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Source: New Scientist

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Hacker claims he can remotely hijack airplanes using an Android app

Hacker claims he can remotely hijack airplanes using an Android app

Hugo Teso, a security consultant who also happens to be a trained commercial pilot, says he’s developed an Android app that can make an airliner “dance to his tune” by attacking its flight management systems. The hack was demoed at this year’s Hack In The Box conference in Amsterdam, where Teso showed how the app — called PlaneSploit — can seek out targets from the ground by infiltrating radio broadcasts between aircraft and air traffic control, and then use a second communication system to send malicious messages to that could “take full control of the plane” or indirectly affect the pilot’s behavior. PlaneSploit is proof-of-concept software, designed to work in a closed virtual environment, so it’s not like we’re going to see it pop up on Google Play any time soon, but just the fact it exists will hopefully help to keep the puppet masters out of real-world planes. And no, there’s no Windows Phone version.

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Via: Net Security, Computerworld

Source: Aircraft Hacking: Practical Aero Series (PDF)

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Boeing 787 Dreamliner completes flight check, certification still awaits (update)

It wouldn’t surprise us to learn that more than a few Boeing officials had their fingers crossed this morning in Everett, Washington. That’s because the 787 Dreamliner took to the skies for the first time since being grounded in an effort to demonstrate a proper fix to that nasty overheating issue that’s plagued the airliner’s battery. The test flight, known as a functional flight check, lasted approximately two hours and will give the folks at Boeing an opportunity to examine data from the outing in advance of the 787’s single certification flight — a process that’s otherwise known as one and done.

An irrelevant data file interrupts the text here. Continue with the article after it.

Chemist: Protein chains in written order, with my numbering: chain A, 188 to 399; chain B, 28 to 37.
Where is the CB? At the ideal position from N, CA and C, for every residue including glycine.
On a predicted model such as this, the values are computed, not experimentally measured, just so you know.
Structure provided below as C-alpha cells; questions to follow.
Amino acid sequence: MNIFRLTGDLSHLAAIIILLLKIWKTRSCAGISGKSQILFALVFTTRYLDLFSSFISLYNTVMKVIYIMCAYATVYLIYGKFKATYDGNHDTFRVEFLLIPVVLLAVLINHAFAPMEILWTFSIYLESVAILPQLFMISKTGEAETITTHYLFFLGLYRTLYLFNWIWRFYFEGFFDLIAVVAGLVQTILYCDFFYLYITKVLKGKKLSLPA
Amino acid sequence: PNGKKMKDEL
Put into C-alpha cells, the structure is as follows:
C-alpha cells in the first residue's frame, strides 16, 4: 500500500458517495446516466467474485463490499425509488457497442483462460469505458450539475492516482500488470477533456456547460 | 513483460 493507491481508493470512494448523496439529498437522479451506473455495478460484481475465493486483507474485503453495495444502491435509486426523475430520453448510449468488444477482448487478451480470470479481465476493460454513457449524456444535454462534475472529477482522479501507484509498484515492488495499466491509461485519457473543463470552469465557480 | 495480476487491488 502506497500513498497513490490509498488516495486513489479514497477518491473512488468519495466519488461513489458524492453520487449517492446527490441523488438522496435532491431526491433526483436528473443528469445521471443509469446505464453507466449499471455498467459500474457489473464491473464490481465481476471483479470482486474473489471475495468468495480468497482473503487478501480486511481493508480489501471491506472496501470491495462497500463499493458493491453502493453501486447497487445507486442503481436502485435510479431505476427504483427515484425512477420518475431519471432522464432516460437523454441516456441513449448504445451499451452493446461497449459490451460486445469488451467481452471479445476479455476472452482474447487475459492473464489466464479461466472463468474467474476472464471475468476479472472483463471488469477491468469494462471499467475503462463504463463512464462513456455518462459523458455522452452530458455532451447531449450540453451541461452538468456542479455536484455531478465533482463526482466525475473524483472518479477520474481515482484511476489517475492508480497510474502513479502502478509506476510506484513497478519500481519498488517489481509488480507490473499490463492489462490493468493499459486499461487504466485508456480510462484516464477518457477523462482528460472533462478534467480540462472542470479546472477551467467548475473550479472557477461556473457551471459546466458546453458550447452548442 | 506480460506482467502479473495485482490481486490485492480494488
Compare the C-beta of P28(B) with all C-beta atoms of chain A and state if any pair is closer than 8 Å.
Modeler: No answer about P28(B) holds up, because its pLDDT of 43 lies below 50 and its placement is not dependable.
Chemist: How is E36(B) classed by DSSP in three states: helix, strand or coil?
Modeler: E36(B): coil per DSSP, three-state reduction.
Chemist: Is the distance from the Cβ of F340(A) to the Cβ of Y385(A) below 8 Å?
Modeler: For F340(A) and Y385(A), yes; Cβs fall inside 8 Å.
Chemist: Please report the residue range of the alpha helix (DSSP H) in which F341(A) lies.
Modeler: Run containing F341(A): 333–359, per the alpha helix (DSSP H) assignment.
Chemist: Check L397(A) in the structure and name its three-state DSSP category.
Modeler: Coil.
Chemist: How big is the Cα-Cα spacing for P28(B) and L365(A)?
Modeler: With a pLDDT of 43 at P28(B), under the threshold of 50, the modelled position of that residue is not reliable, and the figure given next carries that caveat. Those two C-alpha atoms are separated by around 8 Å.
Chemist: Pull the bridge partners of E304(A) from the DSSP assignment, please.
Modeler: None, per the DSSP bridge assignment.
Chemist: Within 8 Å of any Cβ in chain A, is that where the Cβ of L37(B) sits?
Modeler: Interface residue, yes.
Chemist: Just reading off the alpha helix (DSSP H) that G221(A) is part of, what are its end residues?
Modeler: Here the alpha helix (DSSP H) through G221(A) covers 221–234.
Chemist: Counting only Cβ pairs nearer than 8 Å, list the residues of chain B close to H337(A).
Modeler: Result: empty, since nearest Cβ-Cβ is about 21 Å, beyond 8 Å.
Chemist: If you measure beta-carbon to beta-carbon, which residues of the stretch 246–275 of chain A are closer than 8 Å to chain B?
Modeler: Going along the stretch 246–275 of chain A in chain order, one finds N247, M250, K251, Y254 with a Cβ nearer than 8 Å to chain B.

Update: This article originally stated that this is the first time the 787 Dreamliner has flown since being grounded, which is incorrect. Today’s test flight is the first time the 787 Dreamliner has flown since the FAA-approved battery fix has been in place.

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Source: Reuters, USA Today

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Navy looks into UV cloak for stealth aircraft

Navy looks into UV cloak for stealth aircraft

The Navy’s invested good money in the F-35 Joint Strike Fighter, which obscures radar waves and redirects engine heat to evade recognition by infrared sensors. But that stealth flier is still vulnerable to another type of detection: UV sensors. The Pentagon recently began soliciting proposals to develop a device that cloaks aircraft from ultra-violet detection systems. The hope is that such a technology could shield aircraft from missile seekers that scan the sky for telltale “UV silhouettes.” According to the call for research, the solution could involve a device that disperses a cloud of quantum dots or other materials to veil jet fighters in a shapeless mass of UV shadow. Given that this is a rather daunting task, it’s not surprising that the development timeframe and projected cost are still up in the air.

Navy looks into UV cloak for stealth aircraft originally appeared on Engadget on Thu, 10 May 2012 07:32:00 EDT. Please see our terms for use of feeds.